Colin Crosby Heritage Tours

Scarborough Castle (Scarborough)

Scarborough Castle is an impressive castle on a headland overlooking the sea at Scarborough in North Yorkshire.

On the site was a Bronze Age dwelling, and later a Roman signal station, built around 370, of which there are still some remains.

The castle was built, with a moat, about 1136 by William le Gros, Lord of Holderness. Henry II took it over in 1179 and constructed the keep.

Piers Gaveston, the notorious favourite of Edward II, was besieged at Scarborough Castle in 1312 before surrendering to the Earl of Pembroke, and it held out against Robert Aske for three weeks during the Pilgrimage of Grace.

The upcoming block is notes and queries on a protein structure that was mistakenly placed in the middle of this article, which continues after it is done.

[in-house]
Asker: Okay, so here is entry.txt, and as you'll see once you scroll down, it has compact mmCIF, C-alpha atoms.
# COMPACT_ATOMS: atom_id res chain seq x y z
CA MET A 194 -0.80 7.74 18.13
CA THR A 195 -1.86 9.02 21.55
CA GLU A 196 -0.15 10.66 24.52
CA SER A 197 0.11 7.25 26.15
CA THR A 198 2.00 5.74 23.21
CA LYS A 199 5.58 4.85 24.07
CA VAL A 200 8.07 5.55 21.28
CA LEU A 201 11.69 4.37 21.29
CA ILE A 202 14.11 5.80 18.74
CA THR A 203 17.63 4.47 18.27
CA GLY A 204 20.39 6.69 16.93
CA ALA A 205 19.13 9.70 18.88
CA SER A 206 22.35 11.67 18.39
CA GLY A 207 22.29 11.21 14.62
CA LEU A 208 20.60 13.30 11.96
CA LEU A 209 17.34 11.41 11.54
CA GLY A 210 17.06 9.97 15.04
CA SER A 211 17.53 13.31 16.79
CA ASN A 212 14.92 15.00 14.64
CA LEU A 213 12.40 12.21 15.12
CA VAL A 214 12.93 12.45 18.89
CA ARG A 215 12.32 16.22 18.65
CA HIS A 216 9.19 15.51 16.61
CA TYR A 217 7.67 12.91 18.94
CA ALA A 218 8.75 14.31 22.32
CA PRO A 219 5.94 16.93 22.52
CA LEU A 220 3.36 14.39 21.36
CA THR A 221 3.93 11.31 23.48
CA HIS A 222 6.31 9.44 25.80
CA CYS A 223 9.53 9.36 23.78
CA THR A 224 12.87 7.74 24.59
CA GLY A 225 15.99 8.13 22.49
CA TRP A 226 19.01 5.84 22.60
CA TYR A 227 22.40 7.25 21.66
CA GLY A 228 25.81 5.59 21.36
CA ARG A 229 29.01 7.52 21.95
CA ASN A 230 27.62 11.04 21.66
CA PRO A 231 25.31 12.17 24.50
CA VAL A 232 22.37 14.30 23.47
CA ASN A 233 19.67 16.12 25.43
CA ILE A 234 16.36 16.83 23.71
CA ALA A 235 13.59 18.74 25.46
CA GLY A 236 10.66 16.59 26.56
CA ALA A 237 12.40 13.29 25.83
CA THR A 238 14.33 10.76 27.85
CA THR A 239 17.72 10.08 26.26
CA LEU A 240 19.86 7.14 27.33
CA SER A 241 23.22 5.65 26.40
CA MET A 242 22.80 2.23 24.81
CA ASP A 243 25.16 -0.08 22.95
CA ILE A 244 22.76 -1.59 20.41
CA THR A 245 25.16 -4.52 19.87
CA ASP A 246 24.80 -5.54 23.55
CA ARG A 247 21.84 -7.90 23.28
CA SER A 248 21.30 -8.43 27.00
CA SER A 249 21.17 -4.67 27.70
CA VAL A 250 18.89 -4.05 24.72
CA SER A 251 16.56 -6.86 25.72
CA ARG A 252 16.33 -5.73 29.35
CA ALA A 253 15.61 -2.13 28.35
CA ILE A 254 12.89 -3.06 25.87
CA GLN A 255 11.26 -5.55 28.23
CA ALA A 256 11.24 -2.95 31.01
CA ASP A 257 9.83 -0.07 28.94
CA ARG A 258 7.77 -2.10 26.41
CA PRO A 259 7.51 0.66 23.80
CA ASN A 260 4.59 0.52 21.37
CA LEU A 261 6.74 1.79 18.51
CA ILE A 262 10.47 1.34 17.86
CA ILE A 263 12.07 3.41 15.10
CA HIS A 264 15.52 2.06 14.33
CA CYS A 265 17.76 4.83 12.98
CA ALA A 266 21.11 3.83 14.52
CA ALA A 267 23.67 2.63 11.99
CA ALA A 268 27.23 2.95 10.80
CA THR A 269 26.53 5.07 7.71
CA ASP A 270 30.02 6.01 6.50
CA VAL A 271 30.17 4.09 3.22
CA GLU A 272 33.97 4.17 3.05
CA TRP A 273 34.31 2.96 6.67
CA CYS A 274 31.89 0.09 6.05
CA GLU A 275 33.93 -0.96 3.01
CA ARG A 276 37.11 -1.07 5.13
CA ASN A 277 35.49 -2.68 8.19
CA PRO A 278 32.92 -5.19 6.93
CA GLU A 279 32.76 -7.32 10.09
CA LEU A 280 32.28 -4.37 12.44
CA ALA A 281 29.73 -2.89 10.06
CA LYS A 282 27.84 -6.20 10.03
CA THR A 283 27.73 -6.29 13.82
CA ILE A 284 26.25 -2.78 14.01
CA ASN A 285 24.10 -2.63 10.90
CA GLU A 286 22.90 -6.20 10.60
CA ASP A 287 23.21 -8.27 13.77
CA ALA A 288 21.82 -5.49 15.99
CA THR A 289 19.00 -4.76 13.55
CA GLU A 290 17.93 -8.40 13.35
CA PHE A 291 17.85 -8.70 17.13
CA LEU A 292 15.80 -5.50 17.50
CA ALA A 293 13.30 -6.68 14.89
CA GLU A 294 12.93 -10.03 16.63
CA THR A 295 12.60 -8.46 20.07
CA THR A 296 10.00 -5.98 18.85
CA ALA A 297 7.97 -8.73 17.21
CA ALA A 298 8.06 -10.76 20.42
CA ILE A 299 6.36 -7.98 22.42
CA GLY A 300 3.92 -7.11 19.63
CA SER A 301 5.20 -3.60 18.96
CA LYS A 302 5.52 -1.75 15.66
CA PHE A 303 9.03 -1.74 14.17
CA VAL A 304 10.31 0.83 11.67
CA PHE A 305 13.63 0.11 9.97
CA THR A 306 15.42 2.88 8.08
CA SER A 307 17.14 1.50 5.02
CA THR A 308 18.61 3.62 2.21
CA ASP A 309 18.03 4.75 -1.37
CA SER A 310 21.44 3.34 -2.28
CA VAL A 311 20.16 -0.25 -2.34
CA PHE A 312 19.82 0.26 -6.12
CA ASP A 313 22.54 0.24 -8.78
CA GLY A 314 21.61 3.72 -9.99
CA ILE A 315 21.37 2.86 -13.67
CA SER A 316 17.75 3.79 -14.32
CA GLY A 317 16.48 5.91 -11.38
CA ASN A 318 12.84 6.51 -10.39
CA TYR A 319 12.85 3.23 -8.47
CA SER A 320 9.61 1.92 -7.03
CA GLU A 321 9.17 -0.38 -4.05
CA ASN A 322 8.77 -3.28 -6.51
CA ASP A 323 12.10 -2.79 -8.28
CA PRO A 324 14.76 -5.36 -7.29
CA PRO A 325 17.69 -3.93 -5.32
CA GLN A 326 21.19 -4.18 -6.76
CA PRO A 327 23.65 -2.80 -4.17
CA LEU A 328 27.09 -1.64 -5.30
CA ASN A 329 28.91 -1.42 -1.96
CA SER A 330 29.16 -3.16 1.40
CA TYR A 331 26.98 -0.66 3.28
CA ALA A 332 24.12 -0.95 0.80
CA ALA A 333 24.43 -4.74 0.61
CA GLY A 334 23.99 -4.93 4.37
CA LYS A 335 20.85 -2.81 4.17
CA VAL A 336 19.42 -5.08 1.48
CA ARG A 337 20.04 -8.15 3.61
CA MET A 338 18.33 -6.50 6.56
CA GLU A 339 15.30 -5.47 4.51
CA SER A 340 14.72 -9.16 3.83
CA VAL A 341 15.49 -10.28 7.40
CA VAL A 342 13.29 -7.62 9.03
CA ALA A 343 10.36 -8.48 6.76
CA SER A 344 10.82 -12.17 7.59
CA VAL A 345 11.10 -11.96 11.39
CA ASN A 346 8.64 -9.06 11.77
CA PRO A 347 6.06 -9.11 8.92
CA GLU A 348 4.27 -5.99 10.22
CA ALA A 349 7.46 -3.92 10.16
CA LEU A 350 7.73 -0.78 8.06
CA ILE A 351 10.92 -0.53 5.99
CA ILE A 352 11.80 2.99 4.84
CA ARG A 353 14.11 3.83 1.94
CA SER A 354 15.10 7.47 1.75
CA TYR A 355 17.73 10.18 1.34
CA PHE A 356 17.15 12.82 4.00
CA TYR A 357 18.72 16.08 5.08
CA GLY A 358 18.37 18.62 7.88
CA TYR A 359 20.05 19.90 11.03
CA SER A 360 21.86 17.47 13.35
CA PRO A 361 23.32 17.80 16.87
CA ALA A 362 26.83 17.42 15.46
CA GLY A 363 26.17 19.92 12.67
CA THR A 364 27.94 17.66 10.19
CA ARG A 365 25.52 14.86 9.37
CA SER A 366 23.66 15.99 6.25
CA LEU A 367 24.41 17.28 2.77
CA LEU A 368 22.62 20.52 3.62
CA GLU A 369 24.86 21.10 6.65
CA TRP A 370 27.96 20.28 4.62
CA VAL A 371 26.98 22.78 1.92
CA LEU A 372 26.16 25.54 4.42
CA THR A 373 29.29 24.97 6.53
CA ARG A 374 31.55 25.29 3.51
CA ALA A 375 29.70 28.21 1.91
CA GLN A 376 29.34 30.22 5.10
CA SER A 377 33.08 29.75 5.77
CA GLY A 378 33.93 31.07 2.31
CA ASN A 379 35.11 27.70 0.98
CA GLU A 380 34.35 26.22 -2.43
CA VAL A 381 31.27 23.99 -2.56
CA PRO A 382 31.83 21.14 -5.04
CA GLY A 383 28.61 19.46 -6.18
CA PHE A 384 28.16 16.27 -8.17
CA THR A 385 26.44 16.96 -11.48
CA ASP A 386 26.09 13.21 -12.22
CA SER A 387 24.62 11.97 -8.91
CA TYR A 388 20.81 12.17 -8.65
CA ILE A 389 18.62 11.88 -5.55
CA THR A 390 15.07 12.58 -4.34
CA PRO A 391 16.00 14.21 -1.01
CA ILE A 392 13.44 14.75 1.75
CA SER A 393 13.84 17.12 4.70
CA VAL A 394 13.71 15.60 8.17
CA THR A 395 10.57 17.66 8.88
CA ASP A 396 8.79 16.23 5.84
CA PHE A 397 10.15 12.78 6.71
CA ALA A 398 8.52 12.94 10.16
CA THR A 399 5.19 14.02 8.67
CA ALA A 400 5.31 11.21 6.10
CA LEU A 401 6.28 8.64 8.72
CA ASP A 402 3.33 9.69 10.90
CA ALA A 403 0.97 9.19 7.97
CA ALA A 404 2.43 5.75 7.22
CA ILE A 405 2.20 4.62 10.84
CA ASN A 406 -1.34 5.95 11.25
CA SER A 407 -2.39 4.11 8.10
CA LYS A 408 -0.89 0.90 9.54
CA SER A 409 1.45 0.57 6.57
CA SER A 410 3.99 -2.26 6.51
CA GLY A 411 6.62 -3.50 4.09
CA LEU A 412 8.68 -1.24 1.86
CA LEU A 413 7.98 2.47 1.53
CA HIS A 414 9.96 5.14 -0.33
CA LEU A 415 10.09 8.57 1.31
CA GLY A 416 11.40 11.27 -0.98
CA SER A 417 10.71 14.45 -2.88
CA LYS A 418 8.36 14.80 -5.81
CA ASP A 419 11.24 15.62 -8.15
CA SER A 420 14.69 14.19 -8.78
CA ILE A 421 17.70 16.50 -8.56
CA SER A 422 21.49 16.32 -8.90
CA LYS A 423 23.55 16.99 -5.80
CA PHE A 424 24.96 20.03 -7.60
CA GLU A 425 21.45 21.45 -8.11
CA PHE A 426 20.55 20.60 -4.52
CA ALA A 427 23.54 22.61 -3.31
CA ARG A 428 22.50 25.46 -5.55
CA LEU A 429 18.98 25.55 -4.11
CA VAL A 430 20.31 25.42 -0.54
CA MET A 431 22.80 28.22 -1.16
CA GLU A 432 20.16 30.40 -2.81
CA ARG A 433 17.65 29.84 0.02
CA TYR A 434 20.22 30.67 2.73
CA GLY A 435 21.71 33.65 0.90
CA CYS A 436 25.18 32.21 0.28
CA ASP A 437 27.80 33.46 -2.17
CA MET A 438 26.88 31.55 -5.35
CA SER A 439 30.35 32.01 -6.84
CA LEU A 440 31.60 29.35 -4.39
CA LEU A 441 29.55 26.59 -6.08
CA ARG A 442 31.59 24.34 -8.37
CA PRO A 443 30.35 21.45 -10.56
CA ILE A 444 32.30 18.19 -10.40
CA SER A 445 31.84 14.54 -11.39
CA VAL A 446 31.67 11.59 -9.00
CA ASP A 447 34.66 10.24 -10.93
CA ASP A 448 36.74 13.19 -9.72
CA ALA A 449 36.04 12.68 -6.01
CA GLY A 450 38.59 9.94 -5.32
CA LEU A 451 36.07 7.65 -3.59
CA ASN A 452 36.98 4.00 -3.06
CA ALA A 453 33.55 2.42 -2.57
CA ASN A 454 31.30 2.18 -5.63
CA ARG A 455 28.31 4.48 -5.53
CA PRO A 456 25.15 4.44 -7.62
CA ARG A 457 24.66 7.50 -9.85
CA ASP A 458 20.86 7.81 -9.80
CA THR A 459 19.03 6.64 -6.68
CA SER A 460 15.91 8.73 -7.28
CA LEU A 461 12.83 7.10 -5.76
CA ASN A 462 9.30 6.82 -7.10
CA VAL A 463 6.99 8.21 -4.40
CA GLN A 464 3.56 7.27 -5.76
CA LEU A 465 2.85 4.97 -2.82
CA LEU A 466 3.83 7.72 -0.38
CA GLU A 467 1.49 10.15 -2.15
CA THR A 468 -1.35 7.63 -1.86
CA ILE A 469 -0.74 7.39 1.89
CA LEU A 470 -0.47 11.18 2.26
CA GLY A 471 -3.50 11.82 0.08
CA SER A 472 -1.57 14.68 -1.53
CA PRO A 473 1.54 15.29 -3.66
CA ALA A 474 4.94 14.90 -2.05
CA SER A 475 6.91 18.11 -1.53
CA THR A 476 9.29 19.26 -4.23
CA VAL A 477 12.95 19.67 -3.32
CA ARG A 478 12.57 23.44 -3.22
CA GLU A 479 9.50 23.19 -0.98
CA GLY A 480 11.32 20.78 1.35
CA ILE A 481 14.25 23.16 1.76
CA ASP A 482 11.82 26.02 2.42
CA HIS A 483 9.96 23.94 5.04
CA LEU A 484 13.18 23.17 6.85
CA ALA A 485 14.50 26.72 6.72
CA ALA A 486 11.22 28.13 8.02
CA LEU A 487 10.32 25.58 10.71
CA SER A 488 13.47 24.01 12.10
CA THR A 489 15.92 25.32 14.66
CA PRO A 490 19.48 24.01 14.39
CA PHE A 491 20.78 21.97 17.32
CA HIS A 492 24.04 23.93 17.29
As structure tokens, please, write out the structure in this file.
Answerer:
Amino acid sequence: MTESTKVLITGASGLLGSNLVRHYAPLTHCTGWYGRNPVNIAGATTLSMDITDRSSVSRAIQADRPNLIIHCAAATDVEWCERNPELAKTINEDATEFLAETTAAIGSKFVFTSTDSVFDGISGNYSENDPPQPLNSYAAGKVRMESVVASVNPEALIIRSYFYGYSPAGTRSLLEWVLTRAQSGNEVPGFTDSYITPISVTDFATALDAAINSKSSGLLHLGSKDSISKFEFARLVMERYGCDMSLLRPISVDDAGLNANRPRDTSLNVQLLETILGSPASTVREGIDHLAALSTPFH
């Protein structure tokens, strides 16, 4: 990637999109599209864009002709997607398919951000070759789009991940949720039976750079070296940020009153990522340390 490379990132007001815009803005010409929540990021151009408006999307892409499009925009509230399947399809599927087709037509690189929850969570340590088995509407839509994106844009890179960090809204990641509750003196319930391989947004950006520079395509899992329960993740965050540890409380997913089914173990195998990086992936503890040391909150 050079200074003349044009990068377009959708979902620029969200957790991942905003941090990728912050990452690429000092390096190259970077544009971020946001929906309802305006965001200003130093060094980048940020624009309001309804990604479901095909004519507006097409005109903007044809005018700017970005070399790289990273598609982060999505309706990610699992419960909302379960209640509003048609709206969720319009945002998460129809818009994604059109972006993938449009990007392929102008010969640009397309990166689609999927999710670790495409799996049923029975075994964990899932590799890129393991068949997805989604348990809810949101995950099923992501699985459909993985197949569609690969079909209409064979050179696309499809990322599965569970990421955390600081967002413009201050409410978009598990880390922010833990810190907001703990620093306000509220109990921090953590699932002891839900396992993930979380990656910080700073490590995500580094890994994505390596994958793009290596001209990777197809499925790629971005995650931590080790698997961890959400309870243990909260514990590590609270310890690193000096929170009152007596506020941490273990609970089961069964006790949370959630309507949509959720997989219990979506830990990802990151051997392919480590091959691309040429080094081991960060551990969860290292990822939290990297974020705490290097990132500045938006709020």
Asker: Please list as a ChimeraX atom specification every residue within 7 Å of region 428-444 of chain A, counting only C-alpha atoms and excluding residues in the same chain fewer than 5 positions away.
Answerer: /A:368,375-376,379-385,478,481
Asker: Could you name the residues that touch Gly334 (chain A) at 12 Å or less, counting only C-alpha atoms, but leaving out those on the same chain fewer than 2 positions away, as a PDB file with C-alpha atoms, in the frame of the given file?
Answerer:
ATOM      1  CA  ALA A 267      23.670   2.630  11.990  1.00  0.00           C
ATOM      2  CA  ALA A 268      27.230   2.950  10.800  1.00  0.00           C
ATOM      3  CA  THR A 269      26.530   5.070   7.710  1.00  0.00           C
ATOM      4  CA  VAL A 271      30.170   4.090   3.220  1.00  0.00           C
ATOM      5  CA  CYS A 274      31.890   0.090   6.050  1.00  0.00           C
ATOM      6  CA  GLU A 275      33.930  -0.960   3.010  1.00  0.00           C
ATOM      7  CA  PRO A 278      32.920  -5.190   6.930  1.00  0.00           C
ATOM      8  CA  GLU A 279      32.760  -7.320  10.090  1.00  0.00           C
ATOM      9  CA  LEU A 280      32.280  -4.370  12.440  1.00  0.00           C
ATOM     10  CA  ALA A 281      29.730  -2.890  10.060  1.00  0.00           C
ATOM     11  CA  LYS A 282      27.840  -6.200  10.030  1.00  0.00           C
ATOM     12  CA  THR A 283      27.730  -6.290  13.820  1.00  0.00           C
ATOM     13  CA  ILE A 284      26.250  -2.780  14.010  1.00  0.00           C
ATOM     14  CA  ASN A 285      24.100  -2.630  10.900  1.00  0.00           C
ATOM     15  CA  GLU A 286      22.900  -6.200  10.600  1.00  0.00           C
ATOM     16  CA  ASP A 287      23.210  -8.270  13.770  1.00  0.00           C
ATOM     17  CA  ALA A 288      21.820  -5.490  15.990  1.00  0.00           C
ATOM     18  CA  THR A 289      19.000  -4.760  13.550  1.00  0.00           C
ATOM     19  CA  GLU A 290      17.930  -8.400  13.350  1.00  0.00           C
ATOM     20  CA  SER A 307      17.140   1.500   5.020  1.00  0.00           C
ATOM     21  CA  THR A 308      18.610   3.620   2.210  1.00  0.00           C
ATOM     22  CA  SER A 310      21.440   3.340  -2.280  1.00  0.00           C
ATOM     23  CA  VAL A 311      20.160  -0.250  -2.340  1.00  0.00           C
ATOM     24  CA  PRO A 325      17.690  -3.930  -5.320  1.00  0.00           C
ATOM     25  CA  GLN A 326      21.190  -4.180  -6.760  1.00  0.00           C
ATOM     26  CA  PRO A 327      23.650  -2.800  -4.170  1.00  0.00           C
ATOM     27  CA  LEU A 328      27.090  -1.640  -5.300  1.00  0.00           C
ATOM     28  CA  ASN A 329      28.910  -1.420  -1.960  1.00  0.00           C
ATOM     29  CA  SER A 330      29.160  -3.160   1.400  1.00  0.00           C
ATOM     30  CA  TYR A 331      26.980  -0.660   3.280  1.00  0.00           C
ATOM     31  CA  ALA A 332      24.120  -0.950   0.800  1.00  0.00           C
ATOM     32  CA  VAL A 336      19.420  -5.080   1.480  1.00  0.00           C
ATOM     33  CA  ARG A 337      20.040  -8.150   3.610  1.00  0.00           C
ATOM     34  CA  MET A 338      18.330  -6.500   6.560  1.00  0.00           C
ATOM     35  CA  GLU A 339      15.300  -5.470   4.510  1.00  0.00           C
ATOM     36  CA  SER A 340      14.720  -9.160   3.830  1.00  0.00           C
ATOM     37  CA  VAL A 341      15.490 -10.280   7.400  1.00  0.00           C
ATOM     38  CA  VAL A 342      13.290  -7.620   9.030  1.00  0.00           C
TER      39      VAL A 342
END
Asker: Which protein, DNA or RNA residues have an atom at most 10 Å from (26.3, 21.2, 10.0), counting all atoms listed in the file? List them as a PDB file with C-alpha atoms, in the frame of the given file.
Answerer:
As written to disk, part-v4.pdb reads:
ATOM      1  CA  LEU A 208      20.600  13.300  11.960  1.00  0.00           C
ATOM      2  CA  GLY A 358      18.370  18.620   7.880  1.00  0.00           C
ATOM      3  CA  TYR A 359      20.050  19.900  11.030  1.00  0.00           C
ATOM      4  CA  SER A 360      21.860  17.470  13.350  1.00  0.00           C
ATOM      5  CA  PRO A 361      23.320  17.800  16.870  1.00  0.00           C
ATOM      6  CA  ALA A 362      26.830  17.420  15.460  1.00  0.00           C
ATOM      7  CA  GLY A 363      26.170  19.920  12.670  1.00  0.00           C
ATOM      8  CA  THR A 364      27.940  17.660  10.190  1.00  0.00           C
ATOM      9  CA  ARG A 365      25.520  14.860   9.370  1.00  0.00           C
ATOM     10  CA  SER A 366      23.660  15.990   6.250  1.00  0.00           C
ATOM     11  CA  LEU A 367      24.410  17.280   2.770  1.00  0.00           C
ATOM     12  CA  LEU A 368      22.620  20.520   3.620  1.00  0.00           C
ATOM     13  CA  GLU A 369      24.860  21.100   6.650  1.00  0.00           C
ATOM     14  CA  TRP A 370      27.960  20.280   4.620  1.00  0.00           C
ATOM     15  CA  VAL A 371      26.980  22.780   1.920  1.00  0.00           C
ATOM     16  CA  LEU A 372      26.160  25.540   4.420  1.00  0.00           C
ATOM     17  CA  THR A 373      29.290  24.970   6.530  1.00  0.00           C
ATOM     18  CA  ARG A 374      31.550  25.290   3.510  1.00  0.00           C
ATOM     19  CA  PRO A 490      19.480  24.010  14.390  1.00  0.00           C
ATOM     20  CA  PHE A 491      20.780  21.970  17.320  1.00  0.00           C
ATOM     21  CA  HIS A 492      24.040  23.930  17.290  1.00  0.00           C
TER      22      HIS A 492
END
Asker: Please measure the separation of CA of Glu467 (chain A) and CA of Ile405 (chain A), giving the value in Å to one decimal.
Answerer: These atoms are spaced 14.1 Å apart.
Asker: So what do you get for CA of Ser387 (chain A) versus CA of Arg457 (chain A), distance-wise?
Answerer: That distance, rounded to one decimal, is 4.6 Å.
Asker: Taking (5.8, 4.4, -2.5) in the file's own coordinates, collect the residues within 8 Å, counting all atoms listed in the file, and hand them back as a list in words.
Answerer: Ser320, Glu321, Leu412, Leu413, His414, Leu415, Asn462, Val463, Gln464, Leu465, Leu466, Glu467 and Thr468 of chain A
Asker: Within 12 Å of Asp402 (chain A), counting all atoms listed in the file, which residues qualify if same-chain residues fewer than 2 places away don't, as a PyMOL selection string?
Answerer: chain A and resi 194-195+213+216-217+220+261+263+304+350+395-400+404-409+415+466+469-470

During the Civil War, the castle was held for the king.

In the 18th century it was used as an ammunition dump, and a little earlier in 1655 George Fox, founder of the Society of Friends, was imprisoned in the castle.

In 1914 the two German battleships "Van der Tann" and "Derfflinger" fired salvoes at the castle and the town, in the process demolishing the barracks.

Scarborough Castle is now in the care of English Heritage.

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